Virginia Tech Weed Identification Guide

Cinnamon Vine, Chinese Yam or Potato Vine: Dioscorea batatas

potatovine8-3b.jpg (140999 bytes) Weed Description:   Herbaceous or slightly woody twining vines with fleshy or woody rootstocks, winding upward from left to right to approximately 13 feet in length.  Found especially throughout the piedmont and mountainous areas of the southeastern United States.
Leaves:  Alternate or lower leaves opposite and ovate with a long tapering point, concave sides, and heart-shaped base (cordate).  Leaves have 9 to 13 distinct veins.  Leaves are thin and without hairs (glabrous) or nearly so above, pubescent or sometimes glabrous beneath. Petioles often longer than the blades.  New leaves often have a bronze 'tint'. chineseyam9-10b.jpg (82059 bytes)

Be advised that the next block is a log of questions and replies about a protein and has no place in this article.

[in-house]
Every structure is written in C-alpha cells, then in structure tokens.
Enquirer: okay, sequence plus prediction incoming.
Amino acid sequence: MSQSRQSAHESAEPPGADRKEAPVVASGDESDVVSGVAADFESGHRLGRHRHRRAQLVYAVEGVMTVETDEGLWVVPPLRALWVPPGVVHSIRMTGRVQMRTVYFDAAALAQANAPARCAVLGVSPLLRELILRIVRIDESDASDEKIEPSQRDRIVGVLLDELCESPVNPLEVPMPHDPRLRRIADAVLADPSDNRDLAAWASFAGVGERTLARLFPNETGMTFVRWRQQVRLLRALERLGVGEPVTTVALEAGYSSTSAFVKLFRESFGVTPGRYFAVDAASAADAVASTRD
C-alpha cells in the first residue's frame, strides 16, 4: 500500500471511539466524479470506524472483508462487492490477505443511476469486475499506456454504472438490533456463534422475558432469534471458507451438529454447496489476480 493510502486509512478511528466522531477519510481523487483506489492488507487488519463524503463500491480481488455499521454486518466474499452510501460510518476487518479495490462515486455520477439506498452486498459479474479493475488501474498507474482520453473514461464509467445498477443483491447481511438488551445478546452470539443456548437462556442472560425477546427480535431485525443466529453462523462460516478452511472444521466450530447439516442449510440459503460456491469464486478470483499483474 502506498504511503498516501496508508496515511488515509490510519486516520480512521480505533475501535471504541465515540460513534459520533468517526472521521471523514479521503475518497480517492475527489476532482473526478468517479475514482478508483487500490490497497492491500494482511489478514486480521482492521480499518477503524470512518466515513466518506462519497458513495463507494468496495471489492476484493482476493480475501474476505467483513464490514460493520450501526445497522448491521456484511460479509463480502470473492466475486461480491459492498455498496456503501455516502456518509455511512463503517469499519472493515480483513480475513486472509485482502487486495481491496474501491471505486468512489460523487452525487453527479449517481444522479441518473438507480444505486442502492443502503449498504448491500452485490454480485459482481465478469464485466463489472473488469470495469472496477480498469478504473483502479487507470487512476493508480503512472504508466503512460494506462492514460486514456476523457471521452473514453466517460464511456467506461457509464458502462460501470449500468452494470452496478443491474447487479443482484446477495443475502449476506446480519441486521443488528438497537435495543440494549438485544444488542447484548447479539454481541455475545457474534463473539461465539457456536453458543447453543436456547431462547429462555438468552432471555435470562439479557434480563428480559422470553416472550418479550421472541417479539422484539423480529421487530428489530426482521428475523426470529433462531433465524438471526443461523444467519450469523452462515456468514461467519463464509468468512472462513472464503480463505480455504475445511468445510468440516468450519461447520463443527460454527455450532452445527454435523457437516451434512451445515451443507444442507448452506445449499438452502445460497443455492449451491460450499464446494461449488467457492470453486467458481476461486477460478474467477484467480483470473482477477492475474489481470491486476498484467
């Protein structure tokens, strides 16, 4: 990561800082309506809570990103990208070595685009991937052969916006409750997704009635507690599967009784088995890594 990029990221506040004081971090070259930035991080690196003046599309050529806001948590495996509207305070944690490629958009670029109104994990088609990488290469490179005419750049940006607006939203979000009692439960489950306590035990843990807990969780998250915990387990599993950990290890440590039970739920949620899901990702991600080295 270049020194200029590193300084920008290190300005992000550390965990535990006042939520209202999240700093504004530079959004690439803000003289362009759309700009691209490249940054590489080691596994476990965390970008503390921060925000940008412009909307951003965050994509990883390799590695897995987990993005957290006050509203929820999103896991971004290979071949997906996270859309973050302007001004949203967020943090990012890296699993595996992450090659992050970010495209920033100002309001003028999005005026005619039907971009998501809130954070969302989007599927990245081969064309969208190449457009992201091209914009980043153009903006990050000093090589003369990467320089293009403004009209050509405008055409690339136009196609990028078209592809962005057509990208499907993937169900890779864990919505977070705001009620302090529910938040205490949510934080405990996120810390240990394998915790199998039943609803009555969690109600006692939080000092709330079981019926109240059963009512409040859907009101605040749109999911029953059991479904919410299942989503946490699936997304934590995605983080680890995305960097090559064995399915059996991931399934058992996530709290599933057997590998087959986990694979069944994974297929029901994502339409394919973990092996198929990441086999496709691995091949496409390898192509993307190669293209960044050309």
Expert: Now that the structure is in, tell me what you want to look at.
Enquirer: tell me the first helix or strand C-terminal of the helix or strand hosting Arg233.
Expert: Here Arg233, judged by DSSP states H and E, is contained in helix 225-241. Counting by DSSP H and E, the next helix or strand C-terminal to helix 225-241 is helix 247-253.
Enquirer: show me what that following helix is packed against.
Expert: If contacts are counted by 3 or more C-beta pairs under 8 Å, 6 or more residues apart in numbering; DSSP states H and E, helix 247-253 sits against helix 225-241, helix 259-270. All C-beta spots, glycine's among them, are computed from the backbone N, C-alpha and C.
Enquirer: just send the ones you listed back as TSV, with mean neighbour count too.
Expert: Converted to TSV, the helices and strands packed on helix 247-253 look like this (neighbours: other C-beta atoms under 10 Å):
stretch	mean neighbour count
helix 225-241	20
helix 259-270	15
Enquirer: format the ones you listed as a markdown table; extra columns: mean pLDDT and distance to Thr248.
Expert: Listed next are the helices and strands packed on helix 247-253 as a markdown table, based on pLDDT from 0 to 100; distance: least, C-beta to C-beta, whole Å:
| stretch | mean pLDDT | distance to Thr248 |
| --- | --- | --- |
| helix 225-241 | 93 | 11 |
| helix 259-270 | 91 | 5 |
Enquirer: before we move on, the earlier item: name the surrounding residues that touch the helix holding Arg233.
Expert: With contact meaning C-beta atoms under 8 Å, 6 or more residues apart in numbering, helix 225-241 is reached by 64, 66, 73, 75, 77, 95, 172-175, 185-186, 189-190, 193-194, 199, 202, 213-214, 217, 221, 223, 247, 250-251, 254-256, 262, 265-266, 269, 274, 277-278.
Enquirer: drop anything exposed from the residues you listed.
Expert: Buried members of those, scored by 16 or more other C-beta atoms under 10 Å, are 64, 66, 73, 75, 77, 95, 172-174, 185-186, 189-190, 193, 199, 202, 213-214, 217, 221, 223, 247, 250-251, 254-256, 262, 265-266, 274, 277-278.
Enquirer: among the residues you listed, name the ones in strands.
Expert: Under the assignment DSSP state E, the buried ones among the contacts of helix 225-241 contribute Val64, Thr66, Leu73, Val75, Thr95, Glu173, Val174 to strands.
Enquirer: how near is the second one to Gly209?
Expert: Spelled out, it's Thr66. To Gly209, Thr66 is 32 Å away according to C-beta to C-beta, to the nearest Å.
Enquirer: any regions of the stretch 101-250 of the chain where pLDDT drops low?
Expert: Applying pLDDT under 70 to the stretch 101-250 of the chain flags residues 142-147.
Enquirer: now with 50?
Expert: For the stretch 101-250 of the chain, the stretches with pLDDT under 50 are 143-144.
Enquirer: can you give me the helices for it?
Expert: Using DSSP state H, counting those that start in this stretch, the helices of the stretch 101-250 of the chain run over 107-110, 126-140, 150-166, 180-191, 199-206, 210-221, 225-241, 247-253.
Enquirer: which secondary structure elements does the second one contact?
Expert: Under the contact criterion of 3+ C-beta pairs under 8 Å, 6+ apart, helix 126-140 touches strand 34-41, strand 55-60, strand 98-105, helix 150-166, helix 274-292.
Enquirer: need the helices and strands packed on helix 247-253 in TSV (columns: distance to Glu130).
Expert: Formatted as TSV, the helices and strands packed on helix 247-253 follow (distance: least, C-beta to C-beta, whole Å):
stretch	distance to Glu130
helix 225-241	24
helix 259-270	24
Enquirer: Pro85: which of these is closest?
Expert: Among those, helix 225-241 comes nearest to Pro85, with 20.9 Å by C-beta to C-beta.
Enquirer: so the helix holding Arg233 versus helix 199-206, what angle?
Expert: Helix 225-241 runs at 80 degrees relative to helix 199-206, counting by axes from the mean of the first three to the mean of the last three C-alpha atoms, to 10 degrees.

Stems:  Herbaceous or slightly woody vine that twines upward from left to right.
Flowers:  Greenish-yellow, nearly sessile, in spikes or panicles at the ends of branches, from June-August. potatovine6-26b.jpg (76110 bytes)
potatovine6-26.jpg (96907 bytes)  

Roots:  Slender or stout, simple or branched, horizontal and woody.

Fruit:  Membranous, 3-angled capsule, approximately 3/4 to 1 1/4 inches long and 3/4 inch in diameter.

Identifying Characteristics:  This weed is often confused with wild yam, however the vines of wild yam twine upwards from the right to the left, while those of cinnamon vine twine from the left to the right.  Cinnamon vine is also commonly confused with the morningglory species.  However, the distinct leaf veination and bronze 'tint' of newer leaves help to distinguish this weed from most morningglories. potatovine8-3.jpg (78286 bytes)